Matussek (1952; as cited in Hemsley, 2005) highlighted how, in a patient with schizophrenia, there was a:

    lack of continuity of his perceptions both in space and over time. He saw the environment only in fragments. There was no appreciation of the whole. He saw only details against a meaningless background. (p. 92)

    When the building blocks schemas provide are longer there, context is lost, and attention is diverted to inappropriate or otherwise meaningless sources that would usually be ignored (Hemsley, 2005). Frith (1979) believed schizophrenic patients sought to explain the usually ignored information they perceived, which, according to Hemsley (2005), could allude to why they experienced delusions.

    There are also issues with attention biases in those with schizophrenia:

    • Abnormal attention is given to threatening stimuli in patients due to a lack of self-monitoring. These are cognitive biases.

    • They blame delusions and hallucinations on external sources, not internal sources. They do not see these thoughts as their own.

    • They have a cognitive deficit because they cannot fully process different types of information (usually auditory and visual). This causes issues with expressing emotion, social situations and speech comprehension.

    Frith (1992) separated dysfunctional thought processing into two categories:

    1. Meta-representation

    2. Central control

    Meta-representation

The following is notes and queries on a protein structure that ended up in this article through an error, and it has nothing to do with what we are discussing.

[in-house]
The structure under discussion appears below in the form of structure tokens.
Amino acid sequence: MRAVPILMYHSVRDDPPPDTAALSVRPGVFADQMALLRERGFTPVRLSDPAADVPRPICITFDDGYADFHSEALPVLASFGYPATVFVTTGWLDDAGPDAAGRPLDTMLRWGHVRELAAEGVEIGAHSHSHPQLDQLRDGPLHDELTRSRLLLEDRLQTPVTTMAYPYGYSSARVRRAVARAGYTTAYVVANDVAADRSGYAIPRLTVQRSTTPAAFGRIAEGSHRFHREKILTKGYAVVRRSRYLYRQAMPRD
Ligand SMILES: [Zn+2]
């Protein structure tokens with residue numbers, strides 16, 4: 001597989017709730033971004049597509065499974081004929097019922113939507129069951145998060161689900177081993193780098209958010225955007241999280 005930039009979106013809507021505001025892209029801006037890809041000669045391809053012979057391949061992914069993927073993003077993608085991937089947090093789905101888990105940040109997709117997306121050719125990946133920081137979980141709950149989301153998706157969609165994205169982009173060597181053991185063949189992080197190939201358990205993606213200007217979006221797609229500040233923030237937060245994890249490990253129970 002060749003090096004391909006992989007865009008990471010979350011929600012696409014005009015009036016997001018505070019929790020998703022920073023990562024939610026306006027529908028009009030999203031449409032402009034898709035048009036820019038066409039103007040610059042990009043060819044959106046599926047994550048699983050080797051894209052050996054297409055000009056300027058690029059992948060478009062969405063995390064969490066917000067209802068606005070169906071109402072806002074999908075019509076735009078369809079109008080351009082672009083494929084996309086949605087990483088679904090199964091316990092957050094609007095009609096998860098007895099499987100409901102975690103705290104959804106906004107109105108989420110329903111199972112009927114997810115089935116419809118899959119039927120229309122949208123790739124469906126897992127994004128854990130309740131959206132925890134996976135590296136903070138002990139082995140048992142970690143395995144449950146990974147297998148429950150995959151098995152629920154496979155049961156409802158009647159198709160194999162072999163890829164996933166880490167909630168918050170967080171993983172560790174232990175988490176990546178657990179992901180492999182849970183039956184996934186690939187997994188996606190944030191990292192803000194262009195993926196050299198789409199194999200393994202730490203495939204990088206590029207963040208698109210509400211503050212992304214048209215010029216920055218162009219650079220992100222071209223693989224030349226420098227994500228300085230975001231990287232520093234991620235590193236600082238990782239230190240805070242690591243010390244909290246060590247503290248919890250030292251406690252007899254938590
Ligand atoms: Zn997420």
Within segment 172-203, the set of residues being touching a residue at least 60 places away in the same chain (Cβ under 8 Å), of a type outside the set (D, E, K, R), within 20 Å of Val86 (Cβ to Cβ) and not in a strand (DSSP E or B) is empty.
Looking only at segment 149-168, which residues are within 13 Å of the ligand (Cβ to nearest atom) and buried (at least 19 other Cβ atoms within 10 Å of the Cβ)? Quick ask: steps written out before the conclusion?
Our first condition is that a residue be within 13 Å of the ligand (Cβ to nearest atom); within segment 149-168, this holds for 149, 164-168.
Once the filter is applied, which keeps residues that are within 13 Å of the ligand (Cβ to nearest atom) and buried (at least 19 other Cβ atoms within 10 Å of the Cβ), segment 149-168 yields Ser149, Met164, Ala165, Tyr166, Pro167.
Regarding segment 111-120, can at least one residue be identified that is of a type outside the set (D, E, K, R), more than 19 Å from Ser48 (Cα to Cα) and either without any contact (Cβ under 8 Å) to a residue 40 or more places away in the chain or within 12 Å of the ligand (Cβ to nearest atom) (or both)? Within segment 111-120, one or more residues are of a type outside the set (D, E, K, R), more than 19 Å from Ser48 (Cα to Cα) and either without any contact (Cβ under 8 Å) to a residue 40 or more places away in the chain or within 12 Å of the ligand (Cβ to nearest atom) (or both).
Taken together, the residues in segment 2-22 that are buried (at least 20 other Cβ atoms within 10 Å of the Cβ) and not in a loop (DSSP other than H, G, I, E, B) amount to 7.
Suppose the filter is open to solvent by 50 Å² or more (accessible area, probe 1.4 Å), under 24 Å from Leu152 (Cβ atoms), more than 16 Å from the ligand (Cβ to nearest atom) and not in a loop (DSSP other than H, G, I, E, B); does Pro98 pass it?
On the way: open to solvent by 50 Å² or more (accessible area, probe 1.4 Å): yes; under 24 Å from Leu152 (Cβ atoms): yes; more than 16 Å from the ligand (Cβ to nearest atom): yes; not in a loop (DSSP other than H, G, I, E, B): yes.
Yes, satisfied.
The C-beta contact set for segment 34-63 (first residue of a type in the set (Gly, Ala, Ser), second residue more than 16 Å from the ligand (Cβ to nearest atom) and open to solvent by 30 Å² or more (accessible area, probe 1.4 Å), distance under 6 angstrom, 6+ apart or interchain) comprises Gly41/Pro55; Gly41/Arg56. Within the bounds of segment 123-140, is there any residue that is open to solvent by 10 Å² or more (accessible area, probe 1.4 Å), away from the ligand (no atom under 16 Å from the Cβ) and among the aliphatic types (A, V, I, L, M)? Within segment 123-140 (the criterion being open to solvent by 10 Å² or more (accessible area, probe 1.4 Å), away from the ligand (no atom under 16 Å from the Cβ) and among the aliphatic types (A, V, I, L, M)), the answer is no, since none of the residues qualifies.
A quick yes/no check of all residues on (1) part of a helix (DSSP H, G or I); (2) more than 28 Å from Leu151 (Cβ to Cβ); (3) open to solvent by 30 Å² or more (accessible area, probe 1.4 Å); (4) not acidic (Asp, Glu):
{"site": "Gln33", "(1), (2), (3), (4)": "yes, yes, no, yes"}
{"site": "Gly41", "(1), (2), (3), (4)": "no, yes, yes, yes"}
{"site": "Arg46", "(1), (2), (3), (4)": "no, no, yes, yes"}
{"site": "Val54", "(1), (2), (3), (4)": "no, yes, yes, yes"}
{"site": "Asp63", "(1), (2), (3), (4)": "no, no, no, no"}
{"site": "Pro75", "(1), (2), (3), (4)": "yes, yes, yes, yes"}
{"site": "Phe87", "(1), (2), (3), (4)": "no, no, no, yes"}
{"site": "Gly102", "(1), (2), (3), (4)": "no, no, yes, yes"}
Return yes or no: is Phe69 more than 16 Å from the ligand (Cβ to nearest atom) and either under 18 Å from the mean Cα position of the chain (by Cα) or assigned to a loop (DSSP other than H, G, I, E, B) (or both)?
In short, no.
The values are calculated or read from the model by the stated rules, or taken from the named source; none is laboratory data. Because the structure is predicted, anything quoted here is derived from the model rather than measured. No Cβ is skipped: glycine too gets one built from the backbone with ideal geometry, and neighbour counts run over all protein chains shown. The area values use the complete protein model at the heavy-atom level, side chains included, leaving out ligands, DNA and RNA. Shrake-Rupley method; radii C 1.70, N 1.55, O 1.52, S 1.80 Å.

Meta-representation highlights how ideas develop and naturally flow from one thought to the next. It is a patient's ability to reflect on personal thoughts and experiences and how they all combine to affect behaviour.

    Frith suggests issues with meta-representation lead to positive symptoms, such as hearing voices.

    Typically, in healthy patients, a flow exists between thoughts that they can trace back relatively easily. External influences, such as speech, shouldn't affect a healthy person's perspective of reality.

    Speech heard from the external world affects how schizophrenic patient can understand their internal thoughts, however. Speech can interrupt thought processes, and it's hard to truly distinguish between external speech and internal thoughts for schizophrenic patients, according to Frith (1992).

    Faults in this process cause a delusion of control. It creates issues with self-awareness. When a patient has positive symptoms, such as hearing voices, it is hard to distinguish their thoughts from external speech.

    Psychological Explanations for Schizophrenia, woman and man sitting and talking in a therapy session, StudySmarter

    Fig. 4 - Issues with metarepresentation may lead to positive symptoms.

    Central Control